The Porsche Design Huawei Mate 9 is a phone you probably won't buy. Most people shouldn’t even consider it. Why? Well, because it costs over £1,000.
But it’s actually a fantastic phone – and probably what the Huawei Mate 9 should have been. It shows just how far Huawei has come in a few years, and is hopefully a sign of things to come on both the P10 and Mate 10 devices.
The Porsche Design Huawei Mate 9 isn’t really anything like the normal Mate 9. It’s smaller, slimmer and less focused on the business user. It’s actually a rebadged Mate 9 Pro – a phone that was quietly released by Huawei in Asia late last year.
I’m going to gloss over many of the specific Porsche Design "extras" here, because there are more interesting parts to cover.
The Porsche Design badge splashed across the front is ugly, while the pre-loaded pictures of leather seats and exhaust pipes are easy to avoid – unless you’re gagging for some high-res car porn, that is. Although these are the features that push the device into "luxury" territory, it’s more compelling to delve into the signs of things to come.
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The Mate 9 Pro/Porsche Design Mate 9 is the first Huawei device to come with a quad-HD display, and a pretty fantastic AMOLED one at that. It’s ever so slightly curved – nowhere near as much as the one on the Samsung Galaxy S7 Edge, though – which gives it a futuristic look.
It’s a superb panel that’s noticeably sharper than the 1080p screen on the Mate 9, but not at the expense of colour accuracy. Blacks are inky, reds are bright – and at 5.5 inches, it isn't quite as overwhelming as the 5.9-inch panel on the Mate 9.
Huawei has also tightened up and – importantly – pushed forward its industrial design. The rounded rear of the Mate series is starting to look tired, so it's good to see that it's been ditched in favour of a brushed metal that looks unique and adds more grip.
The decision to add a curved display also helps Huawei to slim down the bezel, and cram more screen real estate into a more compact body. The Porsche Design Mate 9 is appreciably smaller than the Google Pixel XL, even though they both have the same-sized screen. As a result, it’s manageable in one hand.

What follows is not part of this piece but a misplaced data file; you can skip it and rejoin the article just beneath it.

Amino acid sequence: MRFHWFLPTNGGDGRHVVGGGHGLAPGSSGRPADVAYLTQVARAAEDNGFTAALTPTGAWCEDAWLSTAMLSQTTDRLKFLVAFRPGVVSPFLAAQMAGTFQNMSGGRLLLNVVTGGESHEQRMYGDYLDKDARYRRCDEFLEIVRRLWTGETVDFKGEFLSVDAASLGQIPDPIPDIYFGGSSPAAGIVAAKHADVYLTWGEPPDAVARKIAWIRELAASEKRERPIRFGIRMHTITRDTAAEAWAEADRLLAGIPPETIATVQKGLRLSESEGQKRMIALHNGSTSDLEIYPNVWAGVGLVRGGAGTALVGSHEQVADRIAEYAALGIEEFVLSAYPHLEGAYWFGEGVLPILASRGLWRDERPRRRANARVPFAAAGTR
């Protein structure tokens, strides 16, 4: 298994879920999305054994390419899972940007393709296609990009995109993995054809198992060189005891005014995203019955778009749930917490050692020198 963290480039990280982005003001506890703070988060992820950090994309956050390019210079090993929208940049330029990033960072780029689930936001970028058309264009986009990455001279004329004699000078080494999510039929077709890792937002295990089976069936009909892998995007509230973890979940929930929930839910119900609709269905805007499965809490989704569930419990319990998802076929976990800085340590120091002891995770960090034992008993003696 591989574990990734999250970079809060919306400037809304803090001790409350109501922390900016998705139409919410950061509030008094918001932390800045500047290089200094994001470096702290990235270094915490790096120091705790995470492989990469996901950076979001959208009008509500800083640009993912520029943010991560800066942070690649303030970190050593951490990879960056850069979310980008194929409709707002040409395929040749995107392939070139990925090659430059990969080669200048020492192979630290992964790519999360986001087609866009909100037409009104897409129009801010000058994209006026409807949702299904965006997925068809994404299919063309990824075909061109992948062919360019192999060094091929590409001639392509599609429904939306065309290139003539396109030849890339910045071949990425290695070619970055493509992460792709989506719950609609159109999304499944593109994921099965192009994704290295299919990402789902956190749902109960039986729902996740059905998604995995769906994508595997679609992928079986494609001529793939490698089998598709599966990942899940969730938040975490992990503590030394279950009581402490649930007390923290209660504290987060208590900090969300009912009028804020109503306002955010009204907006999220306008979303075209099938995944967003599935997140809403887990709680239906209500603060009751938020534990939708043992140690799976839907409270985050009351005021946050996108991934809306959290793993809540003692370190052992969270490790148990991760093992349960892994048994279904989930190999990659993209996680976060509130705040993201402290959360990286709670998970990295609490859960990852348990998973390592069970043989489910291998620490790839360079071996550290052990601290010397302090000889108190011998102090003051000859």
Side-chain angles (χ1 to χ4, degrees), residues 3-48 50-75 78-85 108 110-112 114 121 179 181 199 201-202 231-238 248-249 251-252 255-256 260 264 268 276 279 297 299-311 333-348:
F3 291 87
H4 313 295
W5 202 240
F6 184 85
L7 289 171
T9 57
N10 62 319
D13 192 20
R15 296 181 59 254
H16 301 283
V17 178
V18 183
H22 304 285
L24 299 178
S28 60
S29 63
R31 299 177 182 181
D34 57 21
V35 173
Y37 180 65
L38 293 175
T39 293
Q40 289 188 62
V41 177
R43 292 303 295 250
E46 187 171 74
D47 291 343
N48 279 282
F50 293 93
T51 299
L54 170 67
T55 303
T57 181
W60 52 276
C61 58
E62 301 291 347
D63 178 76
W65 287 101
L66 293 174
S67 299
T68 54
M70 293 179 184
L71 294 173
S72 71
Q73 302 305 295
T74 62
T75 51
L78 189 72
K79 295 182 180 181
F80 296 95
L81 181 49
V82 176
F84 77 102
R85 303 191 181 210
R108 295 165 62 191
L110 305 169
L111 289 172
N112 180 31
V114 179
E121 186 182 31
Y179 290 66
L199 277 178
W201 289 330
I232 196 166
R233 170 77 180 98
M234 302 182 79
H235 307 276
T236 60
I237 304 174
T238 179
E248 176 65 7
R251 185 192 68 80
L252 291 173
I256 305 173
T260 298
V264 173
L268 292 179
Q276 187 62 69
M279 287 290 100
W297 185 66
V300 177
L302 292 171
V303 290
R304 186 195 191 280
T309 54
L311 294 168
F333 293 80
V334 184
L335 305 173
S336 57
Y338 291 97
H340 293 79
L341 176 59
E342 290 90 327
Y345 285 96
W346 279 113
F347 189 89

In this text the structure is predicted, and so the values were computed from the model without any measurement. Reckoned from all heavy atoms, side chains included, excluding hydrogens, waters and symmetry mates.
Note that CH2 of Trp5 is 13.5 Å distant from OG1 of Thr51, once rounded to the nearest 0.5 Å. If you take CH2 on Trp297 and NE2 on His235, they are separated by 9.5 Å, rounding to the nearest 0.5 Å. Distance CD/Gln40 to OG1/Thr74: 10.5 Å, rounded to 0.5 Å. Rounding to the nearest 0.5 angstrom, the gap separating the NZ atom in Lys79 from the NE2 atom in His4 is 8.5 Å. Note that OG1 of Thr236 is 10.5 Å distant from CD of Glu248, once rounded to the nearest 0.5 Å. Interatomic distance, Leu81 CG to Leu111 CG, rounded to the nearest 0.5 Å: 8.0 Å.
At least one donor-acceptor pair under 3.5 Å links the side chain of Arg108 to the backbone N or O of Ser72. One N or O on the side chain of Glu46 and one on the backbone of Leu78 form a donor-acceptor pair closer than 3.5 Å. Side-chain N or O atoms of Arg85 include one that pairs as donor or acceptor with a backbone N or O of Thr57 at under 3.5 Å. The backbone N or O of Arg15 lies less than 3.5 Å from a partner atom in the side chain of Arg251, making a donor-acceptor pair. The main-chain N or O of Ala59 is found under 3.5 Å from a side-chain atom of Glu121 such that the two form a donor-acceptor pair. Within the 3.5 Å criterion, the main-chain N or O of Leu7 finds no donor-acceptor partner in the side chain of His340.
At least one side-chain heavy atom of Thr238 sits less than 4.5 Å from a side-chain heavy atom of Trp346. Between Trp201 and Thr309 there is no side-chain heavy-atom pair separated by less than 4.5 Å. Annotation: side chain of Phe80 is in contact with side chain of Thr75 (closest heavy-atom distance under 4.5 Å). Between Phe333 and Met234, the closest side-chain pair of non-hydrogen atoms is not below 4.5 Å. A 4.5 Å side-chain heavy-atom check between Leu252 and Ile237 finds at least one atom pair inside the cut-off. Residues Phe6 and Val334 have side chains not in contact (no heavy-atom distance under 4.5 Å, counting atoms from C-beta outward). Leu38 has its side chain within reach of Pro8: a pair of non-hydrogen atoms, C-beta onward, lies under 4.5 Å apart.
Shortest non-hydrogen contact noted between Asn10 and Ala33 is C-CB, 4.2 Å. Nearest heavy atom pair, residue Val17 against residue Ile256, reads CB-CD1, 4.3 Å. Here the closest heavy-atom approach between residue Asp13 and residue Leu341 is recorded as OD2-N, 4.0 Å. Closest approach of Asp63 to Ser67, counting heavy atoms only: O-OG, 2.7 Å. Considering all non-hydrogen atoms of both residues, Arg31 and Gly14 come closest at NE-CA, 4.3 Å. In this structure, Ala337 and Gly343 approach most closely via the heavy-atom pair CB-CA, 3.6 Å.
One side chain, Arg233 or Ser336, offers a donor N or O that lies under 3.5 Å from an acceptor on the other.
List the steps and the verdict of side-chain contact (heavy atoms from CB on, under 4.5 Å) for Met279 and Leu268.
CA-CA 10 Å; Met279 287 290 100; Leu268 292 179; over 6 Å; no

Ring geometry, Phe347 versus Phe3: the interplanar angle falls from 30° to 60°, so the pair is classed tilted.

In a move that puts a smile on my face, Huawei has switched the headphone jack to the bottom of the device. The headphone jack should always be on the bottom, no exceptions. (Editor's note: A quick straw poll revealed that the majority of the TrustedReviews team disagrees with Max on this. He's unrepentant, though.)
The fingerprint sensor is on the front now, as opposed to the back, and is embedded inside a new capacitive button. It's flanked by glowing "back" and "multitasking" keys. An odd move, especially as it seems long-time "front-button champion" Samsung looks to be switching to the back for the Galaxy S8. Physical buttons are made redundant by Android soft-keys and the rear feels like a much more natural place to have the fingerprint sensor.
It doesn’t help the situation that Huawei’s capacitive keys aren’t the best – they feel strangely stiff, unresponsive and the home button doesn’t always register presses.
The Porsche Design Mate 9 is powered by the excellent Kirin 960 CPU, which finally offers up an efficient and powerful alternative to Qualcomm’s high-end processors.
In the past, I’ve criticised Kirin CPUs, most notably for random lags in performance and unpredictable behaviour. With the Porsche Design Mate 9, Huawei finally appears to have achieved the right balance of performance and software.
A ridiculous 256GB of internal storage is accompanied by 6GB of RAM. The latter doesn’t really add much, but more RAM is always nice. There’s no microSD card slot, however, which is fine given the generous storage – but hopefully this is something Huawei will consider adding going forward.
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A feature that hasn’t been altered for the Mate 9 Pro/Porsche Design Mate 9 is the camera. As such, you get a 20-megapixel monochrome sensor, which captures detail and helps low-light performance, plus there's a 12-megapixel RGB sensor that grabs all the colour.
It’s a capable camera that's crammed with modes that work with varying degrees of success. Surprisingly, the Variable Aperture mode is super-impressive, allowing you to achieve silky background bokeh with little effort. It doesn’t work every time, but it’s more reliable than the Depth Effect mode on the iPhone 7 Plus.
It can’t quite match the Google Pixel and Galaxy S7 for overall picture quality, though. This is partly because its narrower f/2.2 aperture struggles when light isn’t perfect. Still, it isn't far off.
The Porsche Mate 9 isn’t a phone you should buy. It’s an extravagant piece of branded tech that doesn’t really do anything to justify its price tag.
But, it signals a lot of interesting new directions for a company that's been staunchly predictable over the past few years.
Quad-HD screens, capacitive buttons, curved displays, and interesting design choices are all here, and hopefully they’ll become more common in Huawei’s phones in 2017.